The procedure should identify the party responsible for root cause investigations. In the case of an importer, distributor or private label manufacturer, the procedure may normally identify the manufacturer as the responsible party; in the case of a manufacturer, the procedure may identify the qualified individual or function responsible for conducting root cause investigations and reference any documents that are routinely applicable.
The procedure should ensure that appropriate management oversight and deployment of commensurate resources achieve risk-based time constraints. Time constraints may be based on pre-set time limits based on the preliminary risk evaluation for completion and communication of the documented conclusion (such as ten days for a high risk, thirty days for a medium risk, etc.) or by requiring that an appropriate time frame be agreed and documented at the time the problem report is sent to the manufacturer.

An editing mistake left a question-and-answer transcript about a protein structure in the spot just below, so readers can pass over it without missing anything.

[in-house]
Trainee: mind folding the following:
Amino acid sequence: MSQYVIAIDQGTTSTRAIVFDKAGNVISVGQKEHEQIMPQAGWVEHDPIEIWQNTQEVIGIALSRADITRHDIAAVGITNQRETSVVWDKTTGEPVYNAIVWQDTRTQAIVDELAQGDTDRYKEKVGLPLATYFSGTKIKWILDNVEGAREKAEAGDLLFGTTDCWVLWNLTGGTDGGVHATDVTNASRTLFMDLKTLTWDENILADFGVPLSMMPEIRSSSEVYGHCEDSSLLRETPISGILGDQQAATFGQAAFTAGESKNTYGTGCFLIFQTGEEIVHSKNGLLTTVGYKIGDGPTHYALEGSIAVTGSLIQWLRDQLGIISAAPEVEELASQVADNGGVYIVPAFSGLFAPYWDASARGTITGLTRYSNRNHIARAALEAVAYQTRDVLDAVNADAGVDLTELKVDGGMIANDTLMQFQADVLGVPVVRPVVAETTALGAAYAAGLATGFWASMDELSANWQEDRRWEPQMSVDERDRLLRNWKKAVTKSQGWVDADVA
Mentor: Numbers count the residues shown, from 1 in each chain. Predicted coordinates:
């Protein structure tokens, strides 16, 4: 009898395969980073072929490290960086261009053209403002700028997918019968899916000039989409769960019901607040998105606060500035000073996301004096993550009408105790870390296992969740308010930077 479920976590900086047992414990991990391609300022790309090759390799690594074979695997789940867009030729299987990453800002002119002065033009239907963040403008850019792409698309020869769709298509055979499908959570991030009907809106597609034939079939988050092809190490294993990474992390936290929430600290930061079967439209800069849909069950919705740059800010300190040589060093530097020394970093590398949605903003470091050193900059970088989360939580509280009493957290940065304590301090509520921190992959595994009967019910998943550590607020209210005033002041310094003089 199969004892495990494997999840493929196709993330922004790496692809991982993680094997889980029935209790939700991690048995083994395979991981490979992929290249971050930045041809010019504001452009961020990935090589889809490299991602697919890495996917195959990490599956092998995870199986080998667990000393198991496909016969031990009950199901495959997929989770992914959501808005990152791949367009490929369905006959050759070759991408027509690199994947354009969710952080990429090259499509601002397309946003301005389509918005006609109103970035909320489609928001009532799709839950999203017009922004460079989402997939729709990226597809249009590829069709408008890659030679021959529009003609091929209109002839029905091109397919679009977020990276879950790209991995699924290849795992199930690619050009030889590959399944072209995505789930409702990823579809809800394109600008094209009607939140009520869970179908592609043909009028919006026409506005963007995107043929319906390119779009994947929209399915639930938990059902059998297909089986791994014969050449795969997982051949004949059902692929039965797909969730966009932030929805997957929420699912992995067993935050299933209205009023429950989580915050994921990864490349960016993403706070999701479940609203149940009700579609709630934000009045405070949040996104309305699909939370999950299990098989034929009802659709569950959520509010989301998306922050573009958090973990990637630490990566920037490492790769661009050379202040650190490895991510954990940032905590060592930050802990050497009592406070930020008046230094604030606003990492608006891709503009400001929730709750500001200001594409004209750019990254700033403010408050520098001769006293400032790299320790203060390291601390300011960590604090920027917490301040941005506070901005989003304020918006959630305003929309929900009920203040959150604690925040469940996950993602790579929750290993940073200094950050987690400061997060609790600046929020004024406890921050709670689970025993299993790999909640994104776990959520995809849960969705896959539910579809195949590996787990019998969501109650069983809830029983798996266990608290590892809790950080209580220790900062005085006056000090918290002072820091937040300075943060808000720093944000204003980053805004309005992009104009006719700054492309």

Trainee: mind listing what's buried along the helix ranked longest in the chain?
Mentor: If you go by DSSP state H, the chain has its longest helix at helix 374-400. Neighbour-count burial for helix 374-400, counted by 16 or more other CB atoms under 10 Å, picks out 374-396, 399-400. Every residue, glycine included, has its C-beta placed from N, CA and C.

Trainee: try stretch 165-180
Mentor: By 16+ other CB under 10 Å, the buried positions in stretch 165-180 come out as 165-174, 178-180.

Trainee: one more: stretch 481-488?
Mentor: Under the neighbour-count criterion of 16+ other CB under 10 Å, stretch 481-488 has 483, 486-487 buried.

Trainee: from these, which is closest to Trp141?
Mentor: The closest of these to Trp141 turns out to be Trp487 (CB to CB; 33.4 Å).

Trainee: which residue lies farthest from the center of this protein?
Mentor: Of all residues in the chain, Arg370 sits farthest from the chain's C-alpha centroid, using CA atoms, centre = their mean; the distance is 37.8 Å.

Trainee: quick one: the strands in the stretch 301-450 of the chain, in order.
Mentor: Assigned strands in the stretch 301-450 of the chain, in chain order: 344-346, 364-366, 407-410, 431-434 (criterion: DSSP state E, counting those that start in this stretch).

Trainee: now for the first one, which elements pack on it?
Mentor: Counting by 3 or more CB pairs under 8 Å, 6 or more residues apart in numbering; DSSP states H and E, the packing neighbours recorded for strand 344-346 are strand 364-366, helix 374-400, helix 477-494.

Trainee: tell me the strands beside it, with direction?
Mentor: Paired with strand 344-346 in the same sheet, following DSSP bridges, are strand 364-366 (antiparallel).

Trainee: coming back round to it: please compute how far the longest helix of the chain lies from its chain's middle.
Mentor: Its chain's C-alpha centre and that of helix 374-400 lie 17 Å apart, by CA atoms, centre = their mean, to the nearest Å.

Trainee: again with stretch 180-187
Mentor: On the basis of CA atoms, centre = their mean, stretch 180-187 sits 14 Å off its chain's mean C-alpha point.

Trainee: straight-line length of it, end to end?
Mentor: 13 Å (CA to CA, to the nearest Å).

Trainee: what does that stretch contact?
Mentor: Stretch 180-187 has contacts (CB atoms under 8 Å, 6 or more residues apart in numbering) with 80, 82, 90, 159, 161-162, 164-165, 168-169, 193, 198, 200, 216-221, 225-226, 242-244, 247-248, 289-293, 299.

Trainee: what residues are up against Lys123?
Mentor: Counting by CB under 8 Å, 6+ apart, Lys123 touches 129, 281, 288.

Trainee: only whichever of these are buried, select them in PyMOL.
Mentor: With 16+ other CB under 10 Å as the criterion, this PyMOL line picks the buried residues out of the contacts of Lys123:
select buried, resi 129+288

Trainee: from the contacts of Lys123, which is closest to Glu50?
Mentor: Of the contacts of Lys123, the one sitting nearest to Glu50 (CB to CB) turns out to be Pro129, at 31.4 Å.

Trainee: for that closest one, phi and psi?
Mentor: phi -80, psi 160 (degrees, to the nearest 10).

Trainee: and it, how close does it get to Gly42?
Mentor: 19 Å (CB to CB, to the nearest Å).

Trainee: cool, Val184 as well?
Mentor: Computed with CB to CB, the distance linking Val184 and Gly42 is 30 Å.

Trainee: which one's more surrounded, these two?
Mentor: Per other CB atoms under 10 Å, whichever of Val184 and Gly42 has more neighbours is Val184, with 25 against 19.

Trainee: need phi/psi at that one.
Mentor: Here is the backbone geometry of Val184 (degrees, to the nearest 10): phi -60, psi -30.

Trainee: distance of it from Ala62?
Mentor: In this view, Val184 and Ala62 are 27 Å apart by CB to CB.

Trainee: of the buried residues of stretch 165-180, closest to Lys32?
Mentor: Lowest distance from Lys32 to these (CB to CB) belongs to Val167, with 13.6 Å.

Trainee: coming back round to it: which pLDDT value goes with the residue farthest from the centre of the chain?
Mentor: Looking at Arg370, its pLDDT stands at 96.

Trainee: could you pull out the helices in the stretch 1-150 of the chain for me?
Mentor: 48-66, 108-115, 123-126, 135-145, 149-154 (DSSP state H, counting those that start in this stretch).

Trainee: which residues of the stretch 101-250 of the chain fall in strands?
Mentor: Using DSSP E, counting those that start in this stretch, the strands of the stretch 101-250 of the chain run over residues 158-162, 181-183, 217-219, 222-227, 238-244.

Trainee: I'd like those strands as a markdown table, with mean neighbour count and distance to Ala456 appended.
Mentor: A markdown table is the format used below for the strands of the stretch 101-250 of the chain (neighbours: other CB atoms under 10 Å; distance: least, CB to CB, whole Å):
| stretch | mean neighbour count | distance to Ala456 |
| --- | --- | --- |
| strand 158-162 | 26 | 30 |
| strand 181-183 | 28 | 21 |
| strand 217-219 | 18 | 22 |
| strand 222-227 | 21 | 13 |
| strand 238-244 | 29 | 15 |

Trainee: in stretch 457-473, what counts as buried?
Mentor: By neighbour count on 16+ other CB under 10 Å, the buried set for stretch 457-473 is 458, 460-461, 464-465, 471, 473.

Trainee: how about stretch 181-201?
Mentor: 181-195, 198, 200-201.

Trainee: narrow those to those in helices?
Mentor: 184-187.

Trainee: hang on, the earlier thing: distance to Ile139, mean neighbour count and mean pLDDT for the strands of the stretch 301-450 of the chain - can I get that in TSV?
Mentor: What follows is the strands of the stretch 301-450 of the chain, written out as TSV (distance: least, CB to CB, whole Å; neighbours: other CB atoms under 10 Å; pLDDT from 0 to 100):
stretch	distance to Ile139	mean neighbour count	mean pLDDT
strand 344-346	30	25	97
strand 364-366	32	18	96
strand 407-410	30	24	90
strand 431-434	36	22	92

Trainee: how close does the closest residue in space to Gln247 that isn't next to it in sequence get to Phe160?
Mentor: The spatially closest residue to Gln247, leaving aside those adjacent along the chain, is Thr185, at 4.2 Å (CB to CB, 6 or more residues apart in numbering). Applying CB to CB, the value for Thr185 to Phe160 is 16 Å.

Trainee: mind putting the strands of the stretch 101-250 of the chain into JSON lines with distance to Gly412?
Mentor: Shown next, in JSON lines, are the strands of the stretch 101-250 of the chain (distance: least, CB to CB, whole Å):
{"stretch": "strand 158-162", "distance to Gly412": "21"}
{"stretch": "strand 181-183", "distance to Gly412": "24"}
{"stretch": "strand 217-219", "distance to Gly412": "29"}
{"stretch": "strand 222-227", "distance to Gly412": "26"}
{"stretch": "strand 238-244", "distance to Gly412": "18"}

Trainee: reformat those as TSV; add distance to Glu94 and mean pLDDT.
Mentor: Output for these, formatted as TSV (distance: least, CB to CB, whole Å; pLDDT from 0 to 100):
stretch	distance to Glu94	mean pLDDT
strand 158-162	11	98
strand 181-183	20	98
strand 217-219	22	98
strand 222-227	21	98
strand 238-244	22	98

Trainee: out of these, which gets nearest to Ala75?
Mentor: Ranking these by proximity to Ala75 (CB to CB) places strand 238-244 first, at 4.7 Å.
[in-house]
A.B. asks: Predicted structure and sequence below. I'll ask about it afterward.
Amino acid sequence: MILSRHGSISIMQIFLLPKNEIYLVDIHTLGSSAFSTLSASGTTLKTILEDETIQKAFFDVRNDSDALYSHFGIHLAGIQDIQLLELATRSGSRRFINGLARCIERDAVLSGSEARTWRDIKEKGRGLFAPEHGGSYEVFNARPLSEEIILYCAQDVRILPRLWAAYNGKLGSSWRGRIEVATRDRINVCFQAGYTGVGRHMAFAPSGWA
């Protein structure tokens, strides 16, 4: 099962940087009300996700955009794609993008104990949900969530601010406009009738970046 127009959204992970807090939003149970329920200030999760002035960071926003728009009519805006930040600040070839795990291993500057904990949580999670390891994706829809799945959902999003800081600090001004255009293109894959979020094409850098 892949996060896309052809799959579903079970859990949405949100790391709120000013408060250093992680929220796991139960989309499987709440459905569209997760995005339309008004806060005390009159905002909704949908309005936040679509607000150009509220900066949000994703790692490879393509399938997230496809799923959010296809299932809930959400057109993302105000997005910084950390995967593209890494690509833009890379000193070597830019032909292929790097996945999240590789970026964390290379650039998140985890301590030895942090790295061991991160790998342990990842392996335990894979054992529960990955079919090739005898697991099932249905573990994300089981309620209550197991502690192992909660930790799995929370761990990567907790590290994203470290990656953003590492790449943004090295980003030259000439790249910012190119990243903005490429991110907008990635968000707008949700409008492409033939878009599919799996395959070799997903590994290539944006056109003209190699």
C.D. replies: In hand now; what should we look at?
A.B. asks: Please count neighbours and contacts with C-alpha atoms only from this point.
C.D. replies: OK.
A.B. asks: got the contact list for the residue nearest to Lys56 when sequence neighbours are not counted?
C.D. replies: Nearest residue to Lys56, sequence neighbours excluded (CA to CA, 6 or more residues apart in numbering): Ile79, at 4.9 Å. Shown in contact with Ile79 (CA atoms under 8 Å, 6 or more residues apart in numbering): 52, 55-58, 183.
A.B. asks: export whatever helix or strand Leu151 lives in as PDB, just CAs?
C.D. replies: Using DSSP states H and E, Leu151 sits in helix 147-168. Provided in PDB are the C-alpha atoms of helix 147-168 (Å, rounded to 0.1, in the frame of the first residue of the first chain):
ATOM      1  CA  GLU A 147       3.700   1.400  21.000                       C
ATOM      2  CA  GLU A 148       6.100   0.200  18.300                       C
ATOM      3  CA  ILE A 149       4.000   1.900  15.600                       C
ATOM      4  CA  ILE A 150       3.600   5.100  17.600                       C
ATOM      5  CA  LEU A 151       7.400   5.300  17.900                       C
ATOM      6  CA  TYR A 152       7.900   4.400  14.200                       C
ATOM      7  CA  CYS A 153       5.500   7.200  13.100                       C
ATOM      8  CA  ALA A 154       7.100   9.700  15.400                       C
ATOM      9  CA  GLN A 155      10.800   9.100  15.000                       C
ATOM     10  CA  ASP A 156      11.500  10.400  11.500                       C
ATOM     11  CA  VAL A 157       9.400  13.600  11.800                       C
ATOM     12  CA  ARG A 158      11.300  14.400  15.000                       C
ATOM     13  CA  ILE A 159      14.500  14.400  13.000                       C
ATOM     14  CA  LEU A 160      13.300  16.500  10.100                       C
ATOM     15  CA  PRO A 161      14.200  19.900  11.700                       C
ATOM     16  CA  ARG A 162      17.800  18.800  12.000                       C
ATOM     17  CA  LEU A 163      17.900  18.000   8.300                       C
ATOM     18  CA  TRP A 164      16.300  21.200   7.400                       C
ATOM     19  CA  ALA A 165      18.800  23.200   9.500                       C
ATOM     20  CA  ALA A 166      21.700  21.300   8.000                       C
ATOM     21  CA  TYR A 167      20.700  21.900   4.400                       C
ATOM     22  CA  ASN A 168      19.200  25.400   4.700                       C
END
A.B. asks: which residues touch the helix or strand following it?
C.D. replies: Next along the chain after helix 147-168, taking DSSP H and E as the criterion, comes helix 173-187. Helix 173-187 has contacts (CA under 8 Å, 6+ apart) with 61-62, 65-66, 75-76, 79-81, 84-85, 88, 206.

126.96.36.199 Record of reason for no investigation
Where a decision is made not to conduct a root cause investigation respecting a reported problem that meets the definition in this guidance, the decision should be made by a qualified individual. Supporting rationale for the decision and the name of the responsible individual should be recorded in the problem report file. Reasons which may be acceptable include:
- an adequate investigation of the same failure mode has already been conducted;
- an investigation is ongoing for the same failure mode;
- corrective action (recall) is ongoing for the same failure mode.